Unlike Mandela et al., Biko excluded ‘white-liberals’ from contributing to the processes of black psychological/political liberation. Blacks must do this alone via a “very strong grass-roots build-up of black consciousness such that blacks can learn to assert themselves and stake their rightful claim.”
“The Liberal must serve as a lubricating material”, and only ‘pitch up’ when the job is done.
He rejected classical liberalism.
Biko’s vision for the processes of liberation was Verwoerdian-segregationist: “At the heart of true integration is the provision for each man, each group to rise and attain the envisioned self. Each group must be able to attain its style of existence without encroaching on or being thwarted by another. Out of this mutual respect for each other and complete freedom of self-determination there will obviously arise a genuine fusion of the life-styles of the various groups. This is true integration.”
Biko ‘plagiarized’ Verwoerd in defining ‘blacks’ as nie blanke: ‘coloureds’ (including KhoiSan and ‘Malays’), Bantu (‘black’ Africans) and Indians. The justification of this biologically, anthropologically and culturally senseless taxonomy was that these ‘subsets‘ of humanity share a common colonial/Apartheid oppression that could be overcome in concert.
This required developing “Consciencism” sensu Kwame Nkrumah (“the map in intellectual terms of the disposition of forces which enable African society to digest the Western and the Islamic and the Euro-Christian elements in Africa, and develop them in such a way that they fit into the African personality”).
Nkrumah’s African persona is epitomized by “Négritude” sensu Aimé Césaire and Léopold Senghor (pride in possessing African characteristics, values, and aesthetics with a final goal of racial unity). According to Biko, this ‘fitting in’/’fusion’ would result in an inclusionary “joint culture” promulgated by a “vanguard political movement” (VPM).
But then he effectively marginalized ‘coloureds’/Indians by saying that, because South Africa is “a country in Africa, in which the majority of people are African”, it “must inevitably exhibit African values and be truly African in style”. This is reminiscent of the neo-VPM ANC/Jacob Zuma view:
“We [Africans] have more rights here because we are a majority. You have fewer rights because you are a minority. Absolutely, that’s how democracy works.” These views violate Section 9 of South Africa’s Constitution.
He did not respect the rights of minorities.
Biko’s demise began when he morphed the culturally-based-BCM into the nationally-political Black People’s Convention (BPC). The goal of the militant/African-biased BPC was to unite shattered/disparate fragments of the ANC, PAC and other liberation movements.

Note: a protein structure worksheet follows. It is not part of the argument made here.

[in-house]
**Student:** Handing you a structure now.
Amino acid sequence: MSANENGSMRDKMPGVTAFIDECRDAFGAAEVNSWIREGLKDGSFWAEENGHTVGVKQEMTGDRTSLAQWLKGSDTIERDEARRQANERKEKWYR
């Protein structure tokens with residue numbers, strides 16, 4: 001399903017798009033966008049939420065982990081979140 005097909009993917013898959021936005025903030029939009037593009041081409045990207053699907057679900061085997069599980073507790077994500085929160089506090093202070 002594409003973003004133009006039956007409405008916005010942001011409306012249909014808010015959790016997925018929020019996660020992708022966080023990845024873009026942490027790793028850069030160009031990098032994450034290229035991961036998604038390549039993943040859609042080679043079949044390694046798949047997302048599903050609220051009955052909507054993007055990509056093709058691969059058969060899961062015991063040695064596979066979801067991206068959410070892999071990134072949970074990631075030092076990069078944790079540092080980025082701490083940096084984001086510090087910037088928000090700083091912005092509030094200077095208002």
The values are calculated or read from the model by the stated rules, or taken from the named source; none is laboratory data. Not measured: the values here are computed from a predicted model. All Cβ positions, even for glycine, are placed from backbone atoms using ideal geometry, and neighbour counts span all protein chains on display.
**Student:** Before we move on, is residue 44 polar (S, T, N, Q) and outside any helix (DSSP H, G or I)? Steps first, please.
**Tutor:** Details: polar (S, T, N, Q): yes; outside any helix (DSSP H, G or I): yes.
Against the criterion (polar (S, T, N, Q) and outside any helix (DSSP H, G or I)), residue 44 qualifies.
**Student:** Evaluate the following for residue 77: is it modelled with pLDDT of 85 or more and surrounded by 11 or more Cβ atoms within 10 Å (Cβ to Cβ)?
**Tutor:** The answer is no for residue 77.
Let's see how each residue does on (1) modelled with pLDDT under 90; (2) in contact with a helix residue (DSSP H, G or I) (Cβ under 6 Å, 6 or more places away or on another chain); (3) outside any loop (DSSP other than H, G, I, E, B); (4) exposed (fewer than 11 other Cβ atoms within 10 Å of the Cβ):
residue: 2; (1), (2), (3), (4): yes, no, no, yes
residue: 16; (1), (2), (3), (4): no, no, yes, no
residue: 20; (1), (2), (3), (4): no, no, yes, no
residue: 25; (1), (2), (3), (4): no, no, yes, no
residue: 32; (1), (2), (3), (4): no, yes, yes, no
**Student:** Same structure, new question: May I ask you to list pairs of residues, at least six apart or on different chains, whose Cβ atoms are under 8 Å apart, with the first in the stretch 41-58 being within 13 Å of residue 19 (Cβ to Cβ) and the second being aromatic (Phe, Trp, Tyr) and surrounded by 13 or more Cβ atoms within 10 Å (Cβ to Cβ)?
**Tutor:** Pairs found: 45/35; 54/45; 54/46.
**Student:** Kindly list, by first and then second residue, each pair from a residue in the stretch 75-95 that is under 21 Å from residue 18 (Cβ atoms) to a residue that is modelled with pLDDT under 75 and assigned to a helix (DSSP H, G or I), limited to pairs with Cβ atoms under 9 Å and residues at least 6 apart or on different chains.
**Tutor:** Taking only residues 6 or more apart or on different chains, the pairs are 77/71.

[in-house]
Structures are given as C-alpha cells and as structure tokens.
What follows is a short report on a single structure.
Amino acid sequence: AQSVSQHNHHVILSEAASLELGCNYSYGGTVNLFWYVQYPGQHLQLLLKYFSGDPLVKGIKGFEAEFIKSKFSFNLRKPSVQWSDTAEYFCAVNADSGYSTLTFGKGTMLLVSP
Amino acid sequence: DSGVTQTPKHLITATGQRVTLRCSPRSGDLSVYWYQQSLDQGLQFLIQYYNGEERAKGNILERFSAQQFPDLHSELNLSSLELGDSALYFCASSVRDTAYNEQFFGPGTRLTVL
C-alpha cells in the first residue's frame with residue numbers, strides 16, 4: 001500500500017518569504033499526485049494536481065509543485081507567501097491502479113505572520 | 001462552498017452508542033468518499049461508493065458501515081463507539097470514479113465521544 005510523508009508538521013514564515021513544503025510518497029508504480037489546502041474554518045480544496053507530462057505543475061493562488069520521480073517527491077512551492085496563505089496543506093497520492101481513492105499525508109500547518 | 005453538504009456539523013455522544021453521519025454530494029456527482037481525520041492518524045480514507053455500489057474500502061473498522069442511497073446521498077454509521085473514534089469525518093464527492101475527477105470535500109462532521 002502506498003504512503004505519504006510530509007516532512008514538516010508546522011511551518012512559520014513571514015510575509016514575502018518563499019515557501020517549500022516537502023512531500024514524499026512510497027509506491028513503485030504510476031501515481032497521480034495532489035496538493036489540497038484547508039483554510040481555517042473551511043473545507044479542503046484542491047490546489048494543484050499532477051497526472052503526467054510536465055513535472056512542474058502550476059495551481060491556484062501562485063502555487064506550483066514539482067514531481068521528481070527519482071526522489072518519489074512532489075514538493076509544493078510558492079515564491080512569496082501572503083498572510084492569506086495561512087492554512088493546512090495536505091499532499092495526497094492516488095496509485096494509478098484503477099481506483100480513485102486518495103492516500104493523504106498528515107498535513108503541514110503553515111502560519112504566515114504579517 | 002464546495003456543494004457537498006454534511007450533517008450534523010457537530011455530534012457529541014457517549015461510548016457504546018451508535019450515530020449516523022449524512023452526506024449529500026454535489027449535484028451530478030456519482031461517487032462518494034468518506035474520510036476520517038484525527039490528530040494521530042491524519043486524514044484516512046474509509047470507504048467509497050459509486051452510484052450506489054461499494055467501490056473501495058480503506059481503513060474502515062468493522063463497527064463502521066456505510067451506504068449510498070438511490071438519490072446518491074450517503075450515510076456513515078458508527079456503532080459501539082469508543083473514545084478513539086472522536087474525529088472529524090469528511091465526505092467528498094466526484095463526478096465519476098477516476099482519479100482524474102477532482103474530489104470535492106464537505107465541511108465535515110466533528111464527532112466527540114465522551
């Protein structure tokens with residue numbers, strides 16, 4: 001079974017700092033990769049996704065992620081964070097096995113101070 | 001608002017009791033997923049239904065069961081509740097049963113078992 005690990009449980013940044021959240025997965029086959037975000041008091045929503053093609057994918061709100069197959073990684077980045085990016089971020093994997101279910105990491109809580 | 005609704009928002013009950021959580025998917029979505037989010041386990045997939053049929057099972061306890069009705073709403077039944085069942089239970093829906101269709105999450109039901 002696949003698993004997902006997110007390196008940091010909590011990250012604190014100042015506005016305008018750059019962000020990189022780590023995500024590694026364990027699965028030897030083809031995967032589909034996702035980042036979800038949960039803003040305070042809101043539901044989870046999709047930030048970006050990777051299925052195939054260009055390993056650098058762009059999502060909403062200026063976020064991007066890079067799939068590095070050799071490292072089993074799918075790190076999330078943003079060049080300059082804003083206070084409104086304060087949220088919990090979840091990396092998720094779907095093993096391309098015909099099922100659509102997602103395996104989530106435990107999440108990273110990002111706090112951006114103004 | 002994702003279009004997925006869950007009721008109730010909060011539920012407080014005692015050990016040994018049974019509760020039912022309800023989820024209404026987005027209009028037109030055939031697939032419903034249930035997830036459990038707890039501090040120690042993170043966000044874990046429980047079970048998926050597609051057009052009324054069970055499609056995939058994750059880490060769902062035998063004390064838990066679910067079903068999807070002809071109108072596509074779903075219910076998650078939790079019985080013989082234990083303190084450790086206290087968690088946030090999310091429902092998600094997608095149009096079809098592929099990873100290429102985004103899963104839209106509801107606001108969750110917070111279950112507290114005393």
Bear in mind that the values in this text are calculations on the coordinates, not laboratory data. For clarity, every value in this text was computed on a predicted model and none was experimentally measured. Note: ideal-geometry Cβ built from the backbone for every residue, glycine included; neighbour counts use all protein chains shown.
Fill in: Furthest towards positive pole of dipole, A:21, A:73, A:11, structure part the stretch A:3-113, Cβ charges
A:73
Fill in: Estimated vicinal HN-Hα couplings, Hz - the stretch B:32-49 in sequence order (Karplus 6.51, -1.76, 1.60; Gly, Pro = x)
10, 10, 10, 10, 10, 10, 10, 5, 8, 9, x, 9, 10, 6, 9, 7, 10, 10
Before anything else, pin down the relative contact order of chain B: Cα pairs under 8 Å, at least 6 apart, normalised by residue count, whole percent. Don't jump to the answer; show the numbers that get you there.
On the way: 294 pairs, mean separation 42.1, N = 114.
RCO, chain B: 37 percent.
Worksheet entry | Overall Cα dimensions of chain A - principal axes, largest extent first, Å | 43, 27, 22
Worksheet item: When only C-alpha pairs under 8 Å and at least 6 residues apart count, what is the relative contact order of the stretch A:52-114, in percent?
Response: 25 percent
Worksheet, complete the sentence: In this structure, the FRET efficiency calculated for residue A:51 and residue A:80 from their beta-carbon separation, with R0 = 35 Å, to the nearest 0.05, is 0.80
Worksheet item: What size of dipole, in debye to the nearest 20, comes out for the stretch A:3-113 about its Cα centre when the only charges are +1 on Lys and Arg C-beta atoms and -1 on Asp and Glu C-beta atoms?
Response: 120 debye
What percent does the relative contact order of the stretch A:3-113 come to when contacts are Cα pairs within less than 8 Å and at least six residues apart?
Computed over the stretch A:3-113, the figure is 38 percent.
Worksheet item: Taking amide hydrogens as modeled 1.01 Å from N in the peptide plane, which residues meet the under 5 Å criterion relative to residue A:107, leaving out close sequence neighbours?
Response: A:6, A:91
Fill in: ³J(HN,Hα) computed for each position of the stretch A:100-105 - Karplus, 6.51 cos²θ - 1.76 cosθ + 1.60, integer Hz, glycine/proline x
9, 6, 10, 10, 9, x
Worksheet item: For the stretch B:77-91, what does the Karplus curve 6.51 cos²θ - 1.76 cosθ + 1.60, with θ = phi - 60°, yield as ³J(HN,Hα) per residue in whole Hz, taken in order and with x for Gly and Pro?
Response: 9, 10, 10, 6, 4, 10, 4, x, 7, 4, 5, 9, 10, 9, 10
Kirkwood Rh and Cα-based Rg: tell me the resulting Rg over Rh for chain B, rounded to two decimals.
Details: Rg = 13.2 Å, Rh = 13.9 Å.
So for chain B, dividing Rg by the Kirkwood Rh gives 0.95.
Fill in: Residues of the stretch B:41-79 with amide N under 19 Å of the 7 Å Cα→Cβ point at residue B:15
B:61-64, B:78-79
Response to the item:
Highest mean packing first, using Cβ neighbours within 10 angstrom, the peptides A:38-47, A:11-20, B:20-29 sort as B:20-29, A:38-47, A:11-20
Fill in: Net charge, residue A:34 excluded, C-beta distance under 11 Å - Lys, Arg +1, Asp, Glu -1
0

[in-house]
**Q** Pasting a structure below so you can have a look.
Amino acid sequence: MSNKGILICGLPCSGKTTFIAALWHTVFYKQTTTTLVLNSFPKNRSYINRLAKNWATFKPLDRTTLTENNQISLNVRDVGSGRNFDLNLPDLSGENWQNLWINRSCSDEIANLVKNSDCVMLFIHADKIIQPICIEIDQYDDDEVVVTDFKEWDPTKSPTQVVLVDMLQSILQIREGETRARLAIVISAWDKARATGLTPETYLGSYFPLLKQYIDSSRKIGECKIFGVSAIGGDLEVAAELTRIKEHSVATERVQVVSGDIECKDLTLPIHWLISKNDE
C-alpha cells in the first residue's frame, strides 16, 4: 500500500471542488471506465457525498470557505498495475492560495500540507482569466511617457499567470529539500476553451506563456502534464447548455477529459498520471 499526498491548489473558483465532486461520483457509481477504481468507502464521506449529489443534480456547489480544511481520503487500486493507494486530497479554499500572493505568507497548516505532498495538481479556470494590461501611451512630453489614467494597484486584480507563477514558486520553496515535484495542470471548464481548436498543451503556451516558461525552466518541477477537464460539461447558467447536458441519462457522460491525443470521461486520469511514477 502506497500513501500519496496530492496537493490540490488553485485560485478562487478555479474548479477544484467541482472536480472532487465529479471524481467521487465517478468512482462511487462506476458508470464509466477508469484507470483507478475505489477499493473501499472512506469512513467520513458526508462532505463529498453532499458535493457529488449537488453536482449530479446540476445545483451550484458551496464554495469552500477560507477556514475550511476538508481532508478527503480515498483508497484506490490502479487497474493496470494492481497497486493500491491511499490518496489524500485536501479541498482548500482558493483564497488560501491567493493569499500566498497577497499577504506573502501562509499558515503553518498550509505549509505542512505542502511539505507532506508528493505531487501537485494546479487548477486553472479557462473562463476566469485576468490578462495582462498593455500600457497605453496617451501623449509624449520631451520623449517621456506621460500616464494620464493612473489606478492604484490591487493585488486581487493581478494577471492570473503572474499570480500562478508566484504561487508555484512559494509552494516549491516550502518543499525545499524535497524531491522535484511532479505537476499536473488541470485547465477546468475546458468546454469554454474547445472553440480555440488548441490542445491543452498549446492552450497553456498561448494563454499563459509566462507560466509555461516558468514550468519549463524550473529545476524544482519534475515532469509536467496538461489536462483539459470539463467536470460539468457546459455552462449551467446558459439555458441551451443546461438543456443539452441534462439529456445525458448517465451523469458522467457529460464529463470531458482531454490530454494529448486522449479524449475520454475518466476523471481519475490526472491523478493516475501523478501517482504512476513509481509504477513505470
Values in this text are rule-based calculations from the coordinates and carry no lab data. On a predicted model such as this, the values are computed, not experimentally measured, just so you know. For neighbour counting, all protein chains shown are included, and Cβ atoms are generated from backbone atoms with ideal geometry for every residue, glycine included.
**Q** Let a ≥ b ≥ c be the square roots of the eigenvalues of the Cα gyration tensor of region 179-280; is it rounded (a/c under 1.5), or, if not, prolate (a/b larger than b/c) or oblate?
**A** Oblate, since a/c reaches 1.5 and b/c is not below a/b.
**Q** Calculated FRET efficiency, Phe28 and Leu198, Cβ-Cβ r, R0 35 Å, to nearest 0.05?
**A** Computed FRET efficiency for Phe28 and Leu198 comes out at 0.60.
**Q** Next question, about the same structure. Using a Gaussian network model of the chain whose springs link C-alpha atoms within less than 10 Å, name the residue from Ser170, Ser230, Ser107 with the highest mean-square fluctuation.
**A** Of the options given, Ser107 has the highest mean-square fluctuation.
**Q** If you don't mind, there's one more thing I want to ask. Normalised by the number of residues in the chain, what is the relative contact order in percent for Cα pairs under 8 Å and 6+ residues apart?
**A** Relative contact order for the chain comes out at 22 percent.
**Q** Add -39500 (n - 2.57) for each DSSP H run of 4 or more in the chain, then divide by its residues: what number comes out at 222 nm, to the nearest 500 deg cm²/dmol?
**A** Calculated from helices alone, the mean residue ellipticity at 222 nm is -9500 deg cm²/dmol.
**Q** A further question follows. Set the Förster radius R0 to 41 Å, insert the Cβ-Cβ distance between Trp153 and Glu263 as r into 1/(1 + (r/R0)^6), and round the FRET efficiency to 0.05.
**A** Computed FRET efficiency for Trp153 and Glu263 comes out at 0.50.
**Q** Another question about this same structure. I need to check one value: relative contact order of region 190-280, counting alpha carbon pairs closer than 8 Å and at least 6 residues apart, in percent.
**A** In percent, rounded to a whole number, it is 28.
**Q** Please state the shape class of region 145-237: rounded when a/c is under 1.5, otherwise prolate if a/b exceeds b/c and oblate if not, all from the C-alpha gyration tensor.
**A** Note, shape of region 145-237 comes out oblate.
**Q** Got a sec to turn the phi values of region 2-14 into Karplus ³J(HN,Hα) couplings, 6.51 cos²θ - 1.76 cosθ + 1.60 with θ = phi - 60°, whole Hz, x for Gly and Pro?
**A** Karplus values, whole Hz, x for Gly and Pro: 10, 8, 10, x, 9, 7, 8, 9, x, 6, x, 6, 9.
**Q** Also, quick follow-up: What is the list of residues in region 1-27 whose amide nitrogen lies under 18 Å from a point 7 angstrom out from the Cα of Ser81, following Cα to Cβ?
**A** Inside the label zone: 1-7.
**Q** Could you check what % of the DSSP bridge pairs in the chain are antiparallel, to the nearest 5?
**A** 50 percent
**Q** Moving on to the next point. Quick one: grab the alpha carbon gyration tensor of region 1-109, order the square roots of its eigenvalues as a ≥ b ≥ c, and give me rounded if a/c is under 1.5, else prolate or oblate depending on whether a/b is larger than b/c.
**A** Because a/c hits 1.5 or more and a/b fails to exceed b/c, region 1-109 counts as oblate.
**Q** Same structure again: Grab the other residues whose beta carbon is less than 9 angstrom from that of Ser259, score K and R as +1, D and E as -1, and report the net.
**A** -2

To that end, Biko met with Sobukwe, planned to meet with OliverTambo and tried to meet with Neville Alexander (but was rejected). Little is known about the agendas of these meetings, but they produced nothing. The BPC collapsed after his death and surviving members were killed, imprisoned or absorbed within the ANC and PAC.
What is his legacy?
Some rank Biko with Mandela and Sobukwe. Others maintain that he “was never able to gather and retain much support beyond a narrow band of African intellectuals” and accomplished little sustained mass organization or practical benefit for the masses. Others assert that BC-ideas are out-dated, hindering the development of multi/non-racial South Africa.
Mngxitama suggests that Biko, the BCM, BPC and other liberation movements were crushed by the United Democratic Movement and ANC and Oliver Tambo in part by condemning Biko as an agent of the CIA! In the end, by refusing to participate in CODESA and the 1994 democratic elections, the BCM committed socio-political suicide, effectively destroying Biko’s political legacy.
With regard to UCT
Biko would demand: removal of symbols such as Rhodes’ statue, curriculum reform and more demographically representative academic staff. Given his/BCM’s policy of non-violence and demands that ‘blacks’ need to recover dignity/competence/self-confidence through Consciencism, Biko (like Neville Alexander) would insist that: ‘transformation’ be based on merit and syncretism; appointments/promotions not be based on ‘tokenism’; and violent/destructive behaviour should not be tolerated.
Biko’s resolutely exclusionary, Black Nationalist, anti-‘white-liberal’ strategy for liberation and post-liberation development and his decision to politicize/militarize the BCM abandoned inherently syncretic, non-violent elements of Consciencism and Négritude and put him on a collision course with the UDM/ANC and the Apartheid regime.
In doing so, he laid the foundations for the deaths of many and socio-educational destruction sensu lato beginning with the Soweto Student Uprising in 1976 and culminating with the collapse of family structure, education and the rule of law during the 1980s. His self-identified/appointed, squabbling, considerably less able, political/ideological successors take the current perverse position that, for “blacks to be beautiful”, ‘whites’ (and probably after them ‘coloureds’ and Indians) must be emasculated, if not destroyed.
I fear that the end result of all this will be neo-BCMers fighting about race/racism amongst themselves in the ashes resulting from the fire ignited by Biko’s candle.